Smart management - it's a winner

August 25, 2002|By Peter Schmuck

It was so simple, but it took until just the past year or two to figure it out.

While large-market teams bid up the price of marquee players - and created the mess that has led to the current labor dispute - a couple of revenue-challenged franchises found a new formula for success.

First, it was the Seattle Mariners, who let go of three of the best players in the game over a three-year period and emerged as one of the strongest franchises in the industry.

Now, it is the Oakland Athletics, who couldn't possibly have expected to maintain their status as one of the best young teams in baseball after allowing Jason Giambi and Johnny Damon to become free agents last winter.

Maybe smart management hasn't become obsolete in the world of big-money sports.

A's general manager Billy Beane has quickly made a name for himself as an intelligent and imaginative executive with a great eye for young talent. He focused the developmental efforts of the organization on pitching (which is not exactly a revolutionary concept) in the same way that the Atlanta Braves did in the early 1990s, the only difference being that Beane has had to do it without a net.

The Braves were able to spend big money to sign Greg Maddux in 1992 and pair him with homegrown Tom Glavine to build the best starting rotation of the decade. The A's drafted and developed the three top pitchers in their rotation, got 2001 13-game winner Cory Lidle as a throw-in in the deal to rent Damon for last year and picked up promising Ted Lilly from the New York Yankees earlier this season.

Still, who would have expected the A's to enter the final week of August at the top of the American League West standings and on pace to win 98 games?

The loss of Giambi alone should have been devastating, but the A's gave up one of the most productive power hitters in the game and lost one of the best leadoff men, which isn't how you usually go about reaching the playoffs for a third straight year.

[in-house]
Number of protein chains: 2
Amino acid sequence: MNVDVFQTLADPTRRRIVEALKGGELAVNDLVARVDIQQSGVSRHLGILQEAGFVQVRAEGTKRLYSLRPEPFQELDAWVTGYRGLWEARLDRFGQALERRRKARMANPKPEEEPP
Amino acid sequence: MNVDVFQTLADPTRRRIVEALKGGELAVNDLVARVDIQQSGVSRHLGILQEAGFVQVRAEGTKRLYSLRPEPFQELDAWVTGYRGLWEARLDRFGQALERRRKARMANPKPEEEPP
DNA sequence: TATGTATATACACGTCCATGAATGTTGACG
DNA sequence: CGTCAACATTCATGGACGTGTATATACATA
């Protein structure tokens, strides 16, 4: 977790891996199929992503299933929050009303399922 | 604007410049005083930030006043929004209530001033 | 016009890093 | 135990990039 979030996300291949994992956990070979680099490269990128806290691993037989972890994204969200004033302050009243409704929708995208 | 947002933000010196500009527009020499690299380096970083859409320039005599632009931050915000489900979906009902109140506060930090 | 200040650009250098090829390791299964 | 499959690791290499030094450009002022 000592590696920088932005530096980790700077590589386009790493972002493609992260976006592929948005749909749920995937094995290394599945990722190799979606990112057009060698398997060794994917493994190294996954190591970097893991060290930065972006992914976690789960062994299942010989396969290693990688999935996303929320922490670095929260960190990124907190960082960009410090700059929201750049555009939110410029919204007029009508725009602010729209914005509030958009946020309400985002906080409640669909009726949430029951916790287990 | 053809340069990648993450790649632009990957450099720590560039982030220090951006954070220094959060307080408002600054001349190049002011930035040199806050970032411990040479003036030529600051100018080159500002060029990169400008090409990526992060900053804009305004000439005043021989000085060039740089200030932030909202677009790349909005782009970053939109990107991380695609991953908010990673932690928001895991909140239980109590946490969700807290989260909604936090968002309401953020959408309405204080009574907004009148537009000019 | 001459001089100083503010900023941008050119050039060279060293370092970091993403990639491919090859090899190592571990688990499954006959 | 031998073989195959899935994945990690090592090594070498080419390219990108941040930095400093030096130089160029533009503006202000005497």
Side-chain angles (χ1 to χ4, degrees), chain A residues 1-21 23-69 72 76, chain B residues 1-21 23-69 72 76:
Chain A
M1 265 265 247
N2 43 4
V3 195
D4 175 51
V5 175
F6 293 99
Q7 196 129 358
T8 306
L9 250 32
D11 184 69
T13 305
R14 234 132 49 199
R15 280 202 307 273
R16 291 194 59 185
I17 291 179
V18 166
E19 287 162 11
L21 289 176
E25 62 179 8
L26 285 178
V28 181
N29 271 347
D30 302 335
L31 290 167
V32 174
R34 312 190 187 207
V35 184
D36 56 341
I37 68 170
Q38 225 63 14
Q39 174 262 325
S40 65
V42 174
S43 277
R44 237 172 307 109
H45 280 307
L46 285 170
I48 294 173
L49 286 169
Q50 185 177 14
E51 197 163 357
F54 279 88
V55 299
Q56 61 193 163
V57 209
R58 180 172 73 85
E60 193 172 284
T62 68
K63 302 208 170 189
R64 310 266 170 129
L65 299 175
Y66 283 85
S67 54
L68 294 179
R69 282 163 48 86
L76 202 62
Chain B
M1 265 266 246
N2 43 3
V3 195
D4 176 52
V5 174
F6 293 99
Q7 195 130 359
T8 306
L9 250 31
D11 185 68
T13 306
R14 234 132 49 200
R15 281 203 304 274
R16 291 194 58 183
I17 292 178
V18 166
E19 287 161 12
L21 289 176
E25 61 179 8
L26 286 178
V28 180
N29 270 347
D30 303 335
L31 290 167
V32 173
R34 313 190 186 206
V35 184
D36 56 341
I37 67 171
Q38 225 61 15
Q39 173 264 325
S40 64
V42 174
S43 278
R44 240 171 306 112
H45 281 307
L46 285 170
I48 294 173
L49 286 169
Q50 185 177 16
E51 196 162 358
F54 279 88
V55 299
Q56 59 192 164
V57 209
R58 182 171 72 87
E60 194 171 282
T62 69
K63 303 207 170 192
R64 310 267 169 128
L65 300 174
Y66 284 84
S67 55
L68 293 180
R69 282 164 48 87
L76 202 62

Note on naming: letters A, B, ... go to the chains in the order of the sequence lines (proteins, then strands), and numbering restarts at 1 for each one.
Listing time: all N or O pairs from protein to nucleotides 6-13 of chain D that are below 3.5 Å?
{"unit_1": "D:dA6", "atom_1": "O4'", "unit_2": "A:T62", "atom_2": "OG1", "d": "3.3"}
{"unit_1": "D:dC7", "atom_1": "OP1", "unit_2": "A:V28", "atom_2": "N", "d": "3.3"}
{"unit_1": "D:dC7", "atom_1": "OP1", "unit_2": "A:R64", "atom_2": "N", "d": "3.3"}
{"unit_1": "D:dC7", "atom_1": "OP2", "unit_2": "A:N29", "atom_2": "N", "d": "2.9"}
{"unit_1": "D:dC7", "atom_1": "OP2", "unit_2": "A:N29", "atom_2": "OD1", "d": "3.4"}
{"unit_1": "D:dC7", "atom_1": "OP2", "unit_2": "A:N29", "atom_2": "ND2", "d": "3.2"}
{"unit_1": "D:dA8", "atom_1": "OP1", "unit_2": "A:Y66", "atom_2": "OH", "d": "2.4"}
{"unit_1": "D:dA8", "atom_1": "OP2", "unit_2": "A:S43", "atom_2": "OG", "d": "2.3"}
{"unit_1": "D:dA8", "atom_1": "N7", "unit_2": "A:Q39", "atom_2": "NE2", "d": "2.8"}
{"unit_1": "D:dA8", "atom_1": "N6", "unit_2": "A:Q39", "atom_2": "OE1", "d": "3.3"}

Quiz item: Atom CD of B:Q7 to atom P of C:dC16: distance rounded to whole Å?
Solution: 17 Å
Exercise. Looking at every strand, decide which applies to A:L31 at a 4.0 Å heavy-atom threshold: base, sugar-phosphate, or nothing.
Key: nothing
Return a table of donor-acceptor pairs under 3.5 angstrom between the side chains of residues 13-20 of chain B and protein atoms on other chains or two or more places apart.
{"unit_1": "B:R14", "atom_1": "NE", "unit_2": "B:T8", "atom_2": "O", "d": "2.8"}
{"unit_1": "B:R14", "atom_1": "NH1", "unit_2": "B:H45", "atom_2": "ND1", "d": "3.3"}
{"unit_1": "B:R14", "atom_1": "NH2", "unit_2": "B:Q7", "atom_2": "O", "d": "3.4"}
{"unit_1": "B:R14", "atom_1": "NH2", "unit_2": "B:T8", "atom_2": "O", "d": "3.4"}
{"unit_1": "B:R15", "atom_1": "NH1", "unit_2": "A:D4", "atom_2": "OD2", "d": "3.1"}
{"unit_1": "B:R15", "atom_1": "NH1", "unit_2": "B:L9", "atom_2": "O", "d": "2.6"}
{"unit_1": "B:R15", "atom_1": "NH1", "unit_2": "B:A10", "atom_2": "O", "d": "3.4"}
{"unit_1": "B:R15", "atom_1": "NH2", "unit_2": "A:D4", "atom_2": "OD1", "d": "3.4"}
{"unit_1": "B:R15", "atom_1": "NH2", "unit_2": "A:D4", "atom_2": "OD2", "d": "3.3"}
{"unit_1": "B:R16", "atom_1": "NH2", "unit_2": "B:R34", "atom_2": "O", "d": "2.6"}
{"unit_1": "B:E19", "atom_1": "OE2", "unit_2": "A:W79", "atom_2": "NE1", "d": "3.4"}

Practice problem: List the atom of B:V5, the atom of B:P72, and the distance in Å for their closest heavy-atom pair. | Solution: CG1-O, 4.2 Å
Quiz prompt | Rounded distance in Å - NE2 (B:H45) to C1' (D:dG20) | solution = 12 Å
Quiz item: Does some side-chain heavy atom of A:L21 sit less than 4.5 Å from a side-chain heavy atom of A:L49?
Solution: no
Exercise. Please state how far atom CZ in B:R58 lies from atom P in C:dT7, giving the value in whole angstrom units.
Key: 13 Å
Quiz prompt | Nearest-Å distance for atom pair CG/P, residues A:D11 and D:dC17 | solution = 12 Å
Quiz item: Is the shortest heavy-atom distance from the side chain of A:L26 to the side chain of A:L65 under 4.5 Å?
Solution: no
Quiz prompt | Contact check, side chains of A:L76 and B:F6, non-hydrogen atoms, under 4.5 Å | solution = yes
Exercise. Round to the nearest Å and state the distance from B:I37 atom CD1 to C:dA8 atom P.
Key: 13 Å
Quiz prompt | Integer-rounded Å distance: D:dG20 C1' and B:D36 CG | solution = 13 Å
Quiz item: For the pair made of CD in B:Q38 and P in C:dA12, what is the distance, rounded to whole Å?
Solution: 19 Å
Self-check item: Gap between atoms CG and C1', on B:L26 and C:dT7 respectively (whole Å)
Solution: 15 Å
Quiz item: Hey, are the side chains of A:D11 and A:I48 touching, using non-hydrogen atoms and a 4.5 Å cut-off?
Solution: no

The Mariners, of course, already had proved it could be done. They traded away Randy Johnson in 1998 because of concern that they would not be able to afford to re-sign him. They did the same thing with Ken Griffey before the 2000 season. Superstar shortstop Alex Rodriguez left as a free agent a year later, and the Mariners responded by tying the all-time record with 116 regular-season victories in 2001.

During that strange shakeout, the Mariners moved into a new stadium and now are one of the top revenue teams in either league. The A's, forced to compete for Bay Area fans with the popular San Francisco Giants, may never be able to say the same, but Beane has proved that it isn't all about money.

Strike fallout

Everybody loses if the 2002 season is interrupted by a work stoppage, but the biggest victims of a players strike would be the fans on the West Coast, who have enjoyed one of the best races in the history of the divisional format.

The resilience of the A's and the impressive, exciting Anaheim Angels have created a three-way AL West run with the Mariners that figures to validate baseball's decision to go to an unbalanced schedule.

Two of the three teams are scheduled to play head-to-head every day from Sept. 9 until the end of the season, the only exception a day off for the entire division on Sept. 23. The Angels and A's play eight times. The Mariners and A's play six times. And the M's and Angels play six games in the final 10 days of the season.

Confidential to players and owners: You don't want to miss this!

Don't forget Twins

OK, so the biggest victims might be the fans of the upstart Minnesota Twins, who are beginning to resemble the surprising 1994 Montreal Expos, who had the best record in baseball when the players began the 232-day work stoppage in August.

There's plenty of victimology to go around, though any English teacher can tell you there's no such word as victimology.

More strike fallout

Well, at least the latest labor dispute did not come in a season with a lot of big individual subplots. The 1994 strike hit with Matt Williams chasing Roger Maris' single-season home run record and threatened the integrity of Cal Ripken's consecutive-games mark.

There are a lot of players having great seasons this year, but nobody is threatening to make history in any major way. Fortunately, Mark McGwire eclipsed Maris and Barry Bonds overtook Big Mac during periods of relative labor peace. Bonds even got in under the wire with his 600th home run.

Be thankful for small favors.

Broken-bat Barry

They're still buzzing about Bonds' broken-bat home run last weekend at Pro Player Stadium. He isn't the first player to crack a bat and hit a home run, but he didn't just crack it - he shattered it.

"I saw him holding the stick of his bat in his hand," said Florida Marlins outfielder Kevin Millar. "I look up and it's two rows out of the park. I looked at [center fielder] Preston Wilson and went, `Oh, my God.' I've never seen anything like that in my life."

Pitcher Josh Beckett could shake his head in similar amazement.

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